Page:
Prime minister Julia Gillard has announced that legislation for an Anti-Dumping Commission would be introduced to parliament next year.
The Commission, based on the recommendations of a review by former Victorian premier John Brumby handed down last week, has particular relevance for manufacturers.
"Australian manufacturing can only be strong if it gets a fair go and a level playing field," AAP reports Gillard as saying.
According to the government, dumping complaints have tripled over the last two years.
The opposition accuses the government of lifting its policy on anti-dumping.
Opposition leader Tony Abbott and industry spokeswoman Sophie Mirabella announced a Coalition taskforce on the issue in February last year and released its policy in November 2011. It included measures such as shifting anti-dumping resposibilities to the department of industry, boosting funding and staff for investigators, and strengthening World Trade Organisation provisions.
Unions including the AMWU and AWU have spoken in favour of the announcement today.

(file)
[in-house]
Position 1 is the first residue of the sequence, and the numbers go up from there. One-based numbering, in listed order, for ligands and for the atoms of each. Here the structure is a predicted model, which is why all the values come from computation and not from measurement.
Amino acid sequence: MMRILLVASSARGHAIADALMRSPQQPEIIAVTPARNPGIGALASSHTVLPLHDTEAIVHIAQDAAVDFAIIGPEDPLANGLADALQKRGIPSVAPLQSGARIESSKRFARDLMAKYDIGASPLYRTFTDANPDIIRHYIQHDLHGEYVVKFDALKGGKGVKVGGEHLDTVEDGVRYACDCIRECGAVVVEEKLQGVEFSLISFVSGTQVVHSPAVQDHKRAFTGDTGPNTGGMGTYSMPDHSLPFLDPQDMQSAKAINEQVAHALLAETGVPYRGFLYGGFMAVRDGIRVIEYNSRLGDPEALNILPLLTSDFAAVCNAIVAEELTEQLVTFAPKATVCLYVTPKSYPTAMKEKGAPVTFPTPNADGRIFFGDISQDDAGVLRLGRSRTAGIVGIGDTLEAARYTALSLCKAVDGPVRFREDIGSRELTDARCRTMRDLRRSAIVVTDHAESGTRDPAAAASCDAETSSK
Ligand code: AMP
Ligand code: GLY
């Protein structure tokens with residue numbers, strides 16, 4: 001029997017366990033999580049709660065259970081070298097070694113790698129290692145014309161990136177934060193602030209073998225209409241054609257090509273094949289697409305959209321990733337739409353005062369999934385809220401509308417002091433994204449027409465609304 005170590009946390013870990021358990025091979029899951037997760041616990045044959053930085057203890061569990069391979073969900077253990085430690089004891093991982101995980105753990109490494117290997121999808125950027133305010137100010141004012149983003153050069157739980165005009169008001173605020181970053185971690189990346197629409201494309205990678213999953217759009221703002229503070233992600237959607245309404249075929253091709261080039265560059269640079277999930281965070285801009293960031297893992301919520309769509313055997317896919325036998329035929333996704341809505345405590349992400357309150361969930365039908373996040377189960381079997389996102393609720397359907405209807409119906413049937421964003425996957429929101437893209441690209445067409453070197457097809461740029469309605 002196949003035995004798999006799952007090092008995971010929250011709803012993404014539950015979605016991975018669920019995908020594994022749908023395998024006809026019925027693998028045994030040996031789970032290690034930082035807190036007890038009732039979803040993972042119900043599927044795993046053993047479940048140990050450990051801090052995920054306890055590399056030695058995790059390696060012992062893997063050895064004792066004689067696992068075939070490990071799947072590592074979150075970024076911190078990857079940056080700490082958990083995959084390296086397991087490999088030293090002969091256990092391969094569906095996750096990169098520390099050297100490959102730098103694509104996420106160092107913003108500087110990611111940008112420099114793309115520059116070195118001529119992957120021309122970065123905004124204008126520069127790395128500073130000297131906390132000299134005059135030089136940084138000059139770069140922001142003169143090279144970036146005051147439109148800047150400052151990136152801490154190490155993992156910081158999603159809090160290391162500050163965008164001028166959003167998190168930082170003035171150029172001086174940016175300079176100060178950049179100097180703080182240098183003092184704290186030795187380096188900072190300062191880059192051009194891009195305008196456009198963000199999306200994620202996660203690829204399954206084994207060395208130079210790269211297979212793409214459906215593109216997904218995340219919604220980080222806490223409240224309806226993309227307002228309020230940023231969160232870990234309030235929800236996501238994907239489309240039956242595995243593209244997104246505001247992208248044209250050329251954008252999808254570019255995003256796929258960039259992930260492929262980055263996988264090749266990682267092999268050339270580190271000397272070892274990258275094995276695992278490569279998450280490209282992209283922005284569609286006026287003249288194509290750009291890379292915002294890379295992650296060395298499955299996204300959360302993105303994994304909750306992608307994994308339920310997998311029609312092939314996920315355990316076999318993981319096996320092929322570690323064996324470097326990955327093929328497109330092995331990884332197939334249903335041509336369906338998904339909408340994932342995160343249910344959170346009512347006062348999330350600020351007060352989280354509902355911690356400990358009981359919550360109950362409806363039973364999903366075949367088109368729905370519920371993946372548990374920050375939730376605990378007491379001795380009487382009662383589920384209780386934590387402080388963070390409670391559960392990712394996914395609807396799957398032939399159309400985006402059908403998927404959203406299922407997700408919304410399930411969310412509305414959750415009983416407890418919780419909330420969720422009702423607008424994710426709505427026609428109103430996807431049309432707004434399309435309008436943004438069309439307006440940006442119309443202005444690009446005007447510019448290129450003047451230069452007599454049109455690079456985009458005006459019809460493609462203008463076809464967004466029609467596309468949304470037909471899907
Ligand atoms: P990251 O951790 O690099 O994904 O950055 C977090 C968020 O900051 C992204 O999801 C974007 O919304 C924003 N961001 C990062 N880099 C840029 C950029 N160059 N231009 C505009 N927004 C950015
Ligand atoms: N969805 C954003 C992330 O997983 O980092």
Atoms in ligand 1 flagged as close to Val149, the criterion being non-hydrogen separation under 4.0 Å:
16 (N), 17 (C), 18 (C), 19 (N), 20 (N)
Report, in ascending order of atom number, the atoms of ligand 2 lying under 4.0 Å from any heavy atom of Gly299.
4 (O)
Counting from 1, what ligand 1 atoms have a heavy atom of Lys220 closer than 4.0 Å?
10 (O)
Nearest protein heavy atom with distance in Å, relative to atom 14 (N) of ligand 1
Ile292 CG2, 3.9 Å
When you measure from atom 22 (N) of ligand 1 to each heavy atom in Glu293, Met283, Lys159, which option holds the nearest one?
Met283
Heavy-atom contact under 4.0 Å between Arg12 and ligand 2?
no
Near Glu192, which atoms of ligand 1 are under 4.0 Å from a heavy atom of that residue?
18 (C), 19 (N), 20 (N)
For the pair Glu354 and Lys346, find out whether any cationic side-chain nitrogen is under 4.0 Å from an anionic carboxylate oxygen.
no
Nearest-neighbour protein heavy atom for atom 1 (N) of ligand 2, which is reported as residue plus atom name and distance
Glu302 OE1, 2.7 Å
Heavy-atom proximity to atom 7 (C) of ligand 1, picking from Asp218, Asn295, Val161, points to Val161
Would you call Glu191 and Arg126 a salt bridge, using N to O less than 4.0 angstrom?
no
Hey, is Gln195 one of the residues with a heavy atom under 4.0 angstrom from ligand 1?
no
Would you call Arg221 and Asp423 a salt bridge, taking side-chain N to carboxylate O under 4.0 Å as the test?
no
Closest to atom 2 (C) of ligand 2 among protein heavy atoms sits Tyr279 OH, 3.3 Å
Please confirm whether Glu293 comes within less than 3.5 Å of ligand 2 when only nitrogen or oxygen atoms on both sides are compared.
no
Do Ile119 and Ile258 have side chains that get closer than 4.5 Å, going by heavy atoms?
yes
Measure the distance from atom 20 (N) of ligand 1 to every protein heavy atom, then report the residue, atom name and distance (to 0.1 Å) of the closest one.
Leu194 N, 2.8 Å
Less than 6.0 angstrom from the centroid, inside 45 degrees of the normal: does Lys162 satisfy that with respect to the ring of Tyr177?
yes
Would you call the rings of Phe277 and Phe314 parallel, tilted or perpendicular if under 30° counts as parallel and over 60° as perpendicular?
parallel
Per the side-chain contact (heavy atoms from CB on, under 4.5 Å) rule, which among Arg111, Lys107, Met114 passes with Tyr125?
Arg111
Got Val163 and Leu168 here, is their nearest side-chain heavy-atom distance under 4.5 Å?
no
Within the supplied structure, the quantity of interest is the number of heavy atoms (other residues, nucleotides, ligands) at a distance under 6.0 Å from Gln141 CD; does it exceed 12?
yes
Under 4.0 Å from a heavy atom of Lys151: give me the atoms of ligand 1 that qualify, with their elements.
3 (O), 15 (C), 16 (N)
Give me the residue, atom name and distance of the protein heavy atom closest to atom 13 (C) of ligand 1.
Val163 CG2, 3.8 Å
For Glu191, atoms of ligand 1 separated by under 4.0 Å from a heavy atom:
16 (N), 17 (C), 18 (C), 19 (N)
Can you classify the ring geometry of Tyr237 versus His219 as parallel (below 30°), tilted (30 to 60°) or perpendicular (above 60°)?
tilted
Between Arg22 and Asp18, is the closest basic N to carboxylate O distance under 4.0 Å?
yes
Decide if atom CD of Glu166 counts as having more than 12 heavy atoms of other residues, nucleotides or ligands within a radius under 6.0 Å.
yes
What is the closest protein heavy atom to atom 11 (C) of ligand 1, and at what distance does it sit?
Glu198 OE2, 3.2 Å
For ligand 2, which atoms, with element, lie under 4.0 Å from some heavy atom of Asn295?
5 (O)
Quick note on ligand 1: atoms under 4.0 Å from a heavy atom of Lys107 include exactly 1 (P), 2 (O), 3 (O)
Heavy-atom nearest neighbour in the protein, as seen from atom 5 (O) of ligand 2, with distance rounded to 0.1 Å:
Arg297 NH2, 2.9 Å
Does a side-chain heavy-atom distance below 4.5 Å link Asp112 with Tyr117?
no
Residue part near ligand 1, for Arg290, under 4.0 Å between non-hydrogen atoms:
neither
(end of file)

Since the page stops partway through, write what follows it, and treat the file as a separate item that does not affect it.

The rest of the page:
Paul Howes from the AWU said that numerous manufacturers had been hurt by being unable to compete on a level playing field.
“We’ve seen this across many of Australia’s key manufacturing industries – including aluminium, steel, glass and cement,” he said in a statement, mentioning the union’s lobbying on the issue in its Don’t Dump On Australia campaign.
“It’s taken a lot of hard work by AWU members to get this issue onto the national agenda.”
The Australian Industry Group was similarly positive, saying it has wanted action taken against predatory import pricing for some time.
Inness Willox, the AIG’s CEO and a member of the PM taskforce on manufacturing, said the commission’s announcement was a win.
"The measures build on the recommendations of the Prime Minister's Taskforce on Manufacturing and will ensure that Australia's approach to anti-dumping will be balanced and better resourced while remaining fully compliant with World Trade Organisation rules,” he said.